The free-standing covered arch which hosts a mammoth dance floor doesn't appear striking at first, but a tour of the main floor quickly changes first impressions. The electric energy of the crowd enjoys space to breathe as the soaring convex ceiling prevents the floor from feeling tight or claustrophobic – despite the venue's 5000+ capacity. Wooden laser-cut LED panels create puzzle pieces of visual brilliance above the audience, giving a stunning multi-dimensional feel to the dance floor.
Even at 6pm, the crowd was already beginning to swarm. "The crowd usually arrives by 7pm," Mario says. The sunset-nature of the club gives fans the opportunity to settle in for an extended sesh without seeing things get too messy.
"For us, it’s special when you arrive at the club with the sun, the pool, the green area. Being surrounded by nature when the sun goes down behind the stage creates a big transformation with lights and visuals! That mutation from the day to the night is inexplicable, it looks like two different venues and the music has the same flow. We start with a nice chill/ lounge music and it grows until the peak time at 9pm.
The experience is different as it’s more sensitive, more colorful, different than nightclubs when you enter and it’s dark. Nothing against them, I’m a clubber, but the idea and concept from Laroc was to be different than the standard model."
And it's certain that Laroc is anything but standard. Operating as a smooth, well-oiled machine, Laroc staffs 300 day of show event and production employees who are professional and on-point. Having previously worked as a nightclub manager and Music Director for Brazil's incarnations of Electric Zoo and Tomorrowland, Mario has surrounded himself with a team that takes immense pride in what they're doing. Because for them, this isn't simply a casual endeavor.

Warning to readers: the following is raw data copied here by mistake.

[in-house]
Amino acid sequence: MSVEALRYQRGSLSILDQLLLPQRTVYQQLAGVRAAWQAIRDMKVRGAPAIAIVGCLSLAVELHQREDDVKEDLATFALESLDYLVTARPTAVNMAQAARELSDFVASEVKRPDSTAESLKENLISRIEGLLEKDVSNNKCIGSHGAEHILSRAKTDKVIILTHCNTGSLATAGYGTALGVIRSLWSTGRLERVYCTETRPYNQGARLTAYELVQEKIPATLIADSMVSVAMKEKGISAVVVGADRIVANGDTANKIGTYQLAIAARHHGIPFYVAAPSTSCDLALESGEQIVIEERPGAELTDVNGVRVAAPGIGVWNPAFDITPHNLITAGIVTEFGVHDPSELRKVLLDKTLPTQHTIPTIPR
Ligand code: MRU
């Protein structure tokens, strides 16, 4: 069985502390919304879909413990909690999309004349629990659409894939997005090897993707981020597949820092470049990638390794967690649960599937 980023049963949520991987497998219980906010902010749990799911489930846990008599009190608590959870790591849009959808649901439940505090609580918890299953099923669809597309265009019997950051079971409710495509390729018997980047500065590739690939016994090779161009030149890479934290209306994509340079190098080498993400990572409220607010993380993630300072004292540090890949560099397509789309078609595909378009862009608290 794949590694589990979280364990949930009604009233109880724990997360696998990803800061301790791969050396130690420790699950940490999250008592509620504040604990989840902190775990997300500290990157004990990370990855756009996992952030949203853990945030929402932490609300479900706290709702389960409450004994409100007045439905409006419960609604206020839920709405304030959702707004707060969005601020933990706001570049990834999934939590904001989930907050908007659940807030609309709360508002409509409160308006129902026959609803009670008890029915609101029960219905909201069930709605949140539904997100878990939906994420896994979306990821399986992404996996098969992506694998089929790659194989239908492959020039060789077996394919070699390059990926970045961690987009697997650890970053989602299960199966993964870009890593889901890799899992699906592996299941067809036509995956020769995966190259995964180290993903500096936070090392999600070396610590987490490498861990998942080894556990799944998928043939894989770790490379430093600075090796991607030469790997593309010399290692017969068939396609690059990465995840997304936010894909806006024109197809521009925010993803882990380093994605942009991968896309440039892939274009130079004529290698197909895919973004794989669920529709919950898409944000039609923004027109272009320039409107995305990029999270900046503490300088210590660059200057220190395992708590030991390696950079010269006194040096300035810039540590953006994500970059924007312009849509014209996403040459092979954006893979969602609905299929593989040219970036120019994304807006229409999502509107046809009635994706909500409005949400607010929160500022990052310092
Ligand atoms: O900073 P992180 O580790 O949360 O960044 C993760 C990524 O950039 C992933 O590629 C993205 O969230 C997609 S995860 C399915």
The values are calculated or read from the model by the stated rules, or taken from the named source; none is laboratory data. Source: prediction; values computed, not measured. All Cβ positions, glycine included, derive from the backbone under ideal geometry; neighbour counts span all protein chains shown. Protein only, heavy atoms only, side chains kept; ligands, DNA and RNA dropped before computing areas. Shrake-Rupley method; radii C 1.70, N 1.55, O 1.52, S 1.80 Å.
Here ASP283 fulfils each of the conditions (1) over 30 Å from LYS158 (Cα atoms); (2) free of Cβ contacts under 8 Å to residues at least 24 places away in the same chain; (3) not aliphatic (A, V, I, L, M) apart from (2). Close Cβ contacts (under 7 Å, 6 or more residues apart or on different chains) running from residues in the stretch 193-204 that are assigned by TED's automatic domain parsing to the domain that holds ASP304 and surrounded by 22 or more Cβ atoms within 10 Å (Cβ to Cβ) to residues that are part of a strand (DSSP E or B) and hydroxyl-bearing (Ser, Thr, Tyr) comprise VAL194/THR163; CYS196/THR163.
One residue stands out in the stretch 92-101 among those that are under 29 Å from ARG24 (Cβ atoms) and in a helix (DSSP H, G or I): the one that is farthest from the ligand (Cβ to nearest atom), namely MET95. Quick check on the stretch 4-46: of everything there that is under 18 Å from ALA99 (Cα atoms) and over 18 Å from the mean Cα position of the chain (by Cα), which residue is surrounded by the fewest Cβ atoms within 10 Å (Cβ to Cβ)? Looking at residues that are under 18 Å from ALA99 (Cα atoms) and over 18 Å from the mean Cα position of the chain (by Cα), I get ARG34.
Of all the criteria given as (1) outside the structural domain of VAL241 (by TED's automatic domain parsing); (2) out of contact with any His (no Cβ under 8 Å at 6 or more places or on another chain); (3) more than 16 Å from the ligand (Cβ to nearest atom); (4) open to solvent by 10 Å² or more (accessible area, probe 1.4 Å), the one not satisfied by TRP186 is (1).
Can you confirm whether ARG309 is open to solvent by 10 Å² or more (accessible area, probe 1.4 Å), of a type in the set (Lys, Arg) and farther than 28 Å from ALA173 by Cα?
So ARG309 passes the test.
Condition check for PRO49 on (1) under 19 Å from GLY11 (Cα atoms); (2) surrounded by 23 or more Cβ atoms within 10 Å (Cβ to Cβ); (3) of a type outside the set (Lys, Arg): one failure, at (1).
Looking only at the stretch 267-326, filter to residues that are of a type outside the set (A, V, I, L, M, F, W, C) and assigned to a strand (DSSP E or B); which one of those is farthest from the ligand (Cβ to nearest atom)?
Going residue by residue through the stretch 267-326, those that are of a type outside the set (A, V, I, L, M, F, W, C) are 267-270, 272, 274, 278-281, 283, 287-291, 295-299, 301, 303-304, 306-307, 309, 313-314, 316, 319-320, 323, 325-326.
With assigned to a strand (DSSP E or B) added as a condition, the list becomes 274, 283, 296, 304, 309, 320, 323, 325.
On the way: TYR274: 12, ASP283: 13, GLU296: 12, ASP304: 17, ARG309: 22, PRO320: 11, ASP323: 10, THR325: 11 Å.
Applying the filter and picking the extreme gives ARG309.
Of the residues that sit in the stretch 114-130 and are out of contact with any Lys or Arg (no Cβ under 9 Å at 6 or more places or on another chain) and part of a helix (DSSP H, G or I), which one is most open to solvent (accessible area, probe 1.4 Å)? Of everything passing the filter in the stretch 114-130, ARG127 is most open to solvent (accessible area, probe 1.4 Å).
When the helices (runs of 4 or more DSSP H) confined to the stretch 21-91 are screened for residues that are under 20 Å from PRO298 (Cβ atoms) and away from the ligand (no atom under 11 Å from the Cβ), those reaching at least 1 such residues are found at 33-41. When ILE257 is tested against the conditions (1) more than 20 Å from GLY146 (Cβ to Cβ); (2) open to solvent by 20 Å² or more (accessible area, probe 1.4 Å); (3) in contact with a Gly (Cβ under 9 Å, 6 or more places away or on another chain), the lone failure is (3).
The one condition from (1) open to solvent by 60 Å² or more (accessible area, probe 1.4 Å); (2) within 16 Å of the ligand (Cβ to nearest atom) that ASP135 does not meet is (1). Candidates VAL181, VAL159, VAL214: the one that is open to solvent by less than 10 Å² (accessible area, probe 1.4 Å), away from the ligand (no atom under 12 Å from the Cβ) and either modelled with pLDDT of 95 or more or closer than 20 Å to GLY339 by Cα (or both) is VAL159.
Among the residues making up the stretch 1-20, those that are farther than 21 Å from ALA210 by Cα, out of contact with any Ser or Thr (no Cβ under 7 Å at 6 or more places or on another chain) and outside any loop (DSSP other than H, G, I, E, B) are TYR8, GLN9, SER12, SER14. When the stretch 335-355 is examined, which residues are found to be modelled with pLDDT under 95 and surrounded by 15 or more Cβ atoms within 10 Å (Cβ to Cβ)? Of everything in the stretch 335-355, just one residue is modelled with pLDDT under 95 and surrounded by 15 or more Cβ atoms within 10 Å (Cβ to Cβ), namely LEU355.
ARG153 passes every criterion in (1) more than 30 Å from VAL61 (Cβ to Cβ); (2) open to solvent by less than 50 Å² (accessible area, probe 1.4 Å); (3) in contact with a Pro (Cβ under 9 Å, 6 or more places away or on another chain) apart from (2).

"When we opened in 2015, everybody was wary about the project, especially because of the location. Valinhos was not a tourist destination and is an hour drive from São Paulo.
Everything went so fast, from the time when we announced the name/concept until the official opening. We showed off some 3D Images but nobody realized how big it is in fact, so our first 5 months was really hard to get attention from the public.
Because of that, we invested a lot on the first summer bringing names like Hardwell, Axwell, Robin Schulz, Nicky Romero. They were the reason for the public to come, not the club itself. After surviving the first year we decided to be more aggressive in investments to be really differentiated from the competition."
But during Carnaval weekend, the regular off-season stressors are put on the back burner as fans and staff alike deeply drink in the moment.